Only after their loyal stopper, Timothy Murray, had leapt to his right to make a double-palm block on Gerardo Chavez, who had smoothly circumvented defenders Justin Kahle and Michael Narciso, did the Friars long-barren strike force perk up.
At that point, the 29th minute of the opening half, Chavez had made the Louisville Cardinals a decent two-for-three in terms of SOG precision, their other stab finding the back of the cage courtesy of John Jonke at 7:15. Afterward, Providence finally hatched the egg on its shot clock and ran up an 8-2 discrepancy in terms of mere attempts for the rest of the half.
By the final horn of the day, the Friars were up, 16-13, in the way of shots, and up in terms of corner kicks taken (10-7). But with no change in their trend of futility, they let the 1-0 deficit turn to stone.
Every sign building up to the end result was favorable enough. Feisty senior middie Ryan Maduro –who by his output in the first six games this season may as well have been in Portugal, as rumors held all last winter- blasted off for five of his team’s registered stabs. Sophomore Alex Redding, granted just his second start of the year after the promise he had sculpted late last season seemingly disintegrated, resurged for three boots of his own.
From that angle, the Friars everyone got to know in the brighter days of 2007 could unmistakably have been back yesterday, if not for Louisville’s instinctive coverage of Maduro and Redding and rookie goalkeeper Andre Boudreaux’s dignified responsiveness on PC’s infinitesimal three shots on net.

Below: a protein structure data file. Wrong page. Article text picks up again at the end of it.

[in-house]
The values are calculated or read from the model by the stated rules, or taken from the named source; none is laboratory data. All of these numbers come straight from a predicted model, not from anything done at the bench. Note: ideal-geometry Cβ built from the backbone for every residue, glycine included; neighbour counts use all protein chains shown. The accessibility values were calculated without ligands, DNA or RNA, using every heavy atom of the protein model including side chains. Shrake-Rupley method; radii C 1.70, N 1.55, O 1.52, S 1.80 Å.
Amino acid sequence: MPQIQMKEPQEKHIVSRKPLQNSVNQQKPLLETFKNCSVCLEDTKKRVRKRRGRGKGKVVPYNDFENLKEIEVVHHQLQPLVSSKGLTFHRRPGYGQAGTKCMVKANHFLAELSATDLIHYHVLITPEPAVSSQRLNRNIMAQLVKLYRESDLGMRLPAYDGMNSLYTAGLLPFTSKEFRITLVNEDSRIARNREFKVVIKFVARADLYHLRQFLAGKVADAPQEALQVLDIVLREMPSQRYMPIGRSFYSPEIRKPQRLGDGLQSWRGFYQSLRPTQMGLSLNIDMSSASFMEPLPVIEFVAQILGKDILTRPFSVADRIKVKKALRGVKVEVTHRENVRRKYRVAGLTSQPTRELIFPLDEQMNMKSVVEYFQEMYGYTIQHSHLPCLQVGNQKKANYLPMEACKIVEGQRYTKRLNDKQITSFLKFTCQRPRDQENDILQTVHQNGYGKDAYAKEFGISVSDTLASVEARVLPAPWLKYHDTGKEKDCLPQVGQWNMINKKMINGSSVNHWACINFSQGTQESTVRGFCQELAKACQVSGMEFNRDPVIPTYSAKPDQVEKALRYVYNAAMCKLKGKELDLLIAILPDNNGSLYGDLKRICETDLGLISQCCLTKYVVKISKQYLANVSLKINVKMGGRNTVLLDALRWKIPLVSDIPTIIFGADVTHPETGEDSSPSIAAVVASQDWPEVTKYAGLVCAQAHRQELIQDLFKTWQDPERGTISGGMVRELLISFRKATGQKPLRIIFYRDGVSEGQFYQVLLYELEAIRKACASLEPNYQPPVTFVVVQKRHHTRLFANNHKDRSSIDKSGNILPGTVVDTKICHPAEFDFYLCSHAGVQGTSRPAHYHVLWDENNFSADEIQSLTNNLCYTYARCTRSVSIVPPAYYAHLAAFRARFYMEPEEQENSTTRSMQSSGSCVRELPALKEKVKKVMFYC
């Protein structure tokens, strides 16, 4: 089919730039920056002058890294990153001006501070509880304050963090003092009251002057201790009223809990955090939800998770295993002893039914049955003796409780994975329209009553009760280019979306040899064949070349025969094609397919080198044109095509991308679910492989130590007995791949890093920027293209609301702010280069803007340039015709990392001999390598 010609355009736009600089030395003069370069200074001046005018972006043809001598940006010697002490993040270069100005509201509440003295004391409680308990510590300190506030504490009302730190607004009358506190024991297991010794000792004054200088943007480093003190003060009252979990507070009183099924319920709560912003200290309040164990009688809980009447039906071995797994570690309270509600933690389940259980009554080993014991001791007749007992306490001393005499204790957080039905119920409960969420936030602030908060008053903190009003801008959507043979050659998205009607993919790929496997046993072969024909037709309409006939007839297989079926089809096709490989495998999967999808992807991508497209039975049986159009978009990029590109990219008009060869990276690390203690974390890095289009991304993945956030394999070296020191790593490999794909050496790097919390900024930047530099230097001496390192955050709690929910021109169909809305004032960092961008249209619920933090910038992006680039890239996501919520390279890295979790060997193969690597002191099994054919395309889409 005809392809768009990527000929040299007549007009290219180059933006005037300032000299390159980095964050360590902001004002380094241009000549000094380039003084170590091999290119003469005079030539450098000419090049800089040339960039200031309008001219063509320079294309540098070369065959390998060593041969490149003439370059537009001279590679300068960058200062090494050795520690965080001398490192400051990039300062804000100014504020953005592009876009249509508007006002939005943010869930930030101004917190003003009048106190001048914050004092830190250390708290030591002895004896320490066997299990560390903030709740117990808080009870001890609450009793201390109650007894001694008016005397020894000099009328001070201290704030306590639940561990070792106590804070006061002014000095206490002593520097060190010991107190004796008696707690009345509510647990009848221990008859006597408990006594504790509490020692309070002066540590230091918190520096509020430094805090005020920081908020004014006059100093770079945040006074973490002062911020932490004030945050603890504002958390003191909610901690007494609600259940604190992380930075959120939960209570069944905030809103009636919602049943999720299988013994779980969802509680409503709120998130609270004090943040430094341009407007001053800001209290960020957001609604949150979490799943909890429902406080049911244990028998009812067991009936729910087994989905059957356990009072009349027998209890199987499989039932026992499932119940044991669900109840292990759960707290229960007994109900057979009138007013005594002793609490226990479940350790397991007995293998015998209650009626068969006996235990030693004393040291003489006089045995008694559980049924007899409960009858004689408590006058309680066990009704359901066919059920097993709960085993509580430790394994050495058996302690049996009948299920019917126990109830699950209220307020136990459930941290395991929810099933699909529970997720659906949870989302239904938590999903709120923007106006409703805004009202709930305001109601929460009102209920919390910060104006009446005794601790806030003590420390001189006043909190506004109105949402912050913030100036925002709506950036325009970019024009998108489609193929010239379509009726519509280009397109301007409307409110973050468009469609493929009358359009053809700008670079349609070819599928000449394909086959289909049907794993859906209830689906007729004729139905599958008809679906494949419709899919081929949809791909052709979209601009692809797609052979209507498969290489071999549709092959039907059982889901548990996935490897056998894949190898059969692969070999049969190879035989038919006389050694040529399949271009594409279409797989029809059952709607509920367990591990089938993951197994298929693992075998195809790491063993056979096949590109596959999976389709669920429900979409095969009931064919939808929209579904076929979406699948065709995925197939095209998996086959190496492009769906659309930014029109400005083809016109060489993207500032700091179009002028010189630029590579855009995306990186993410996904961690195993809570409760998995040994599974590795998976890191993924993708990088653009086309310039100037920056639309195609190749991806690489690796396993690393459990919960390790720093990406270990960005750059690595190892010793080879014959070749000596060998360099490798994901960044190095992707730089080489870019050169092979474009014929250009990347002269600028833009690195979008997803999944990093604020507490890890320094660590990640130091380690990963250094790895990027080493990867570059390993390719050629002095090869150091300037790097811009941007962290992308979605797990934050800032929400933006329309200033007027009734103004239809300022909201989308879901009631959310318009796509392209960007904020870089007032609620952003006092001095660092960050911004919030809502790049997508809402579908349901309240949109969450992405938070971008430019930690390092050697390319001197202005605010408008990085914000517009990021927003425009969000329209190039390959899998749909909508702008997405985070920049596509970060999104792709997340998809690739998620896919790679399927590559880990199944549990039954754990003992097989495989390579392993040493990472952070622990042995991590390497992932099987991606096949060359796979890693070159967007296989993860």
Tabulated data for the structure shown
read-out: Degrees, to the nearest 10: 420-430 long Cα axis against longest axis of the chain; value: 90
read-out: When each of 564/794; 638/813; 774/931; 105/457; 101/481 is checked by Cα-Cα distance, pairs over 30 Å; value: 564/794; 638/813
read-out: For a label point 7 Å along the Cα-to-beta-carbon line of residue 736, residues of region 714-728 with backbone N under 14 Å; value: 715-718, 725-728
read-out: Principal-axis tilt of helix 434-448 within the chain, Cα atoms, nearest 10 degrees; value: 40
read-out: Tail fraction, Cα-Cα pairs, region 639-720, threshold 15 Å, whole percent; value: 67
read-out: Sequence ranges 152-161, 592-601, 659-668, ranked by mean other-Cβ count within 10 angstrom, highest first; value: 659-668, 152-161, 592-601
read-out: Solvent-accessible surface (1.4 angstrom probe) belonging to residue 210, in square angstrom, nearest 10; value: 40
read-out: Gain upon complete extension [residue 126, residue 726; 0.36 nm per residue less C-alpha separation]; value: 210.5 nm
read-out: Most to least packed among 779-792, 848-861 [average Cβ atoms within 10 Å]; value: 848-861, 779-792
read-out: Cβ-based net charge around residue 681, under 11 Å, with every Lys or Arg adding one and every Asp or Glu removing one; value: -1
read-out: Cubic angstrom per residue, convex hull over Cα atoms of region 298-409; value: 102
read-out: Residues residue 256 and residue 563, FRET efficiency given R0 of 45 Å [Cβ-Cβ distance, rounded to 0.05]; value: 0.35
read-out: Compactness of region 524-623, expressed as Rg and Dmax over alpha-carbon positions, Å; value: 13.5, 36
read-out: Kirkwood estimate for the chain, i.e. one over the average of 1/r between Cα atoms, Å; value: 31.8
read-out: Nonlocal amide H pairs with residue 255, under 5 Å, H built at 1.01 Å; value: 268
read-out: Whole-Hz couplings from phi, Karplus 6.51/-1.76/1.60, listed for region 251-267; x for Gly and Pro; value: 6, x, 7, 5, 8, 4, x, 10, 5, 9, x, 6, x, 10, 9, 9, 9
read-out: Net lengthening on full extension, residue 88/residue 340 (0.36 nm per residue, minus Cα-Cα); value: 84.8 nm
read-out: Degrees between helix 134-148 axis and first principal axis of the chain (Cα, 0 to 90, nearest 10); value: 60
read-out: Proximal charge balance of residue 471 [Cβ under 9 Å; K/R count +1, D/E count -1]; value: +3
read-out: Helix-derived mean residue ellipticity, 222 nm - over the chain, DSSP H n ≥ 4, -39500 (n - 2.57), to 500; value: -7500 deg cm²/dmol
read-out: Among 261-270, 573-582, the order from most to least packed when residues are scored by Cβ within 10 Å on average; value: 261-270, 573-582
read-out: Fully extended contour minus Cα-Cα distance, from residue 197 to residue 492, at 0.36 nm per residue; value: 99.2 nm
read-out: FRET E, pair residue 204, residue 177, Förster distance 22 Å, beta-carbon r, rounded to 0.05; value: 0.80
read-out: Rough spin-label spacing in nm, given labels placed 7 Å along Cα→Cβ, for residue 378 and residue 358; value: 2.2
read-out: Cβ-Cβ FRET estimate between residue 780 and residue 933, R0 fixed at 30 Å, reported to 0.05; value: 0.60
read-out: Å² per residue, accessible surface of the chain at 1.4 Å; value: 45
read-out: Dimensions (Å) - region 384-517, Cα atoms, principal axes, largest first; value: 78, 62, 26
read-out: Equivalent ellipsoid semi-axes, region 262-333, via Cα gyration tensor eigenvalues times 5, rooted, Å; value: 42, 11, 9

And so, Providence is officially scoreless in its last three full games and 386:44 of overall playing time, dating back to Timothy Ritter’s conversion at Holy Cross 17 days ago.
The disparately bright facet was, of course, that Murray had consumed a similar run of shutout action all for himself, effectively keeping his club –four goals for and all- from making its first dip into the L column. But yesterday, his impeccability expired at 336:37 when the Cardinals –who have been good for a substantial 12 strikes in their first seven games- pounced on their second free kick of the day in just the eighth minute.
Senior midfielder Aaron Clapham –whose later shot in the 75th minute effectively knocked defender Kevin Neumen out of the game when Neumen sacrificed his mug to divert it- let a nimble bender skip through a dense collage of bodies. Jonke got a piece of it and whipped it home to the left of Murray.
After the Friars cleared their zone within moments of Chavez’s near-miss, they proceeded to run up the shooting gallery, 14-5, between the 20th and 71st minutes of action. And the Cardinals all but invited their hosts to put their brittle lead on the edge in the way of three unanswered yellow cards.
But Boudreaux was only required to touch three Providence shots, all of them in the first half, before his guards filtered all six of the Friars’ purposeful boots in the latter 45 minutes.
In the 67th minute, Murray lashed out to snuff Chase Kreger’s long-ranged bid that ended a 49 minute, 41 second fast from SOGs for the Cards. Once thawed out on that front, Louisville cracked down, authorizing three more far-flung bids from the Friars and absolute zilch after the 69th minute elapsed.
In that climactic stretch, Louisville discharged five unanswered shots, earned five corner kicks, and induced PC to pick up two yellow cards of its own.
Maduro was flagged for the first of those cards in the 77th minute when he characteristically impugned a whistle that had beat Chris Stoker’s net-bound scorcher, zapping the would-be equalizer.
Seeing how that particular play unfolded, the passion is not to be questioned, but the productivity is still conspicuous by its absence.
This article originally appeared in the Friartown Free Press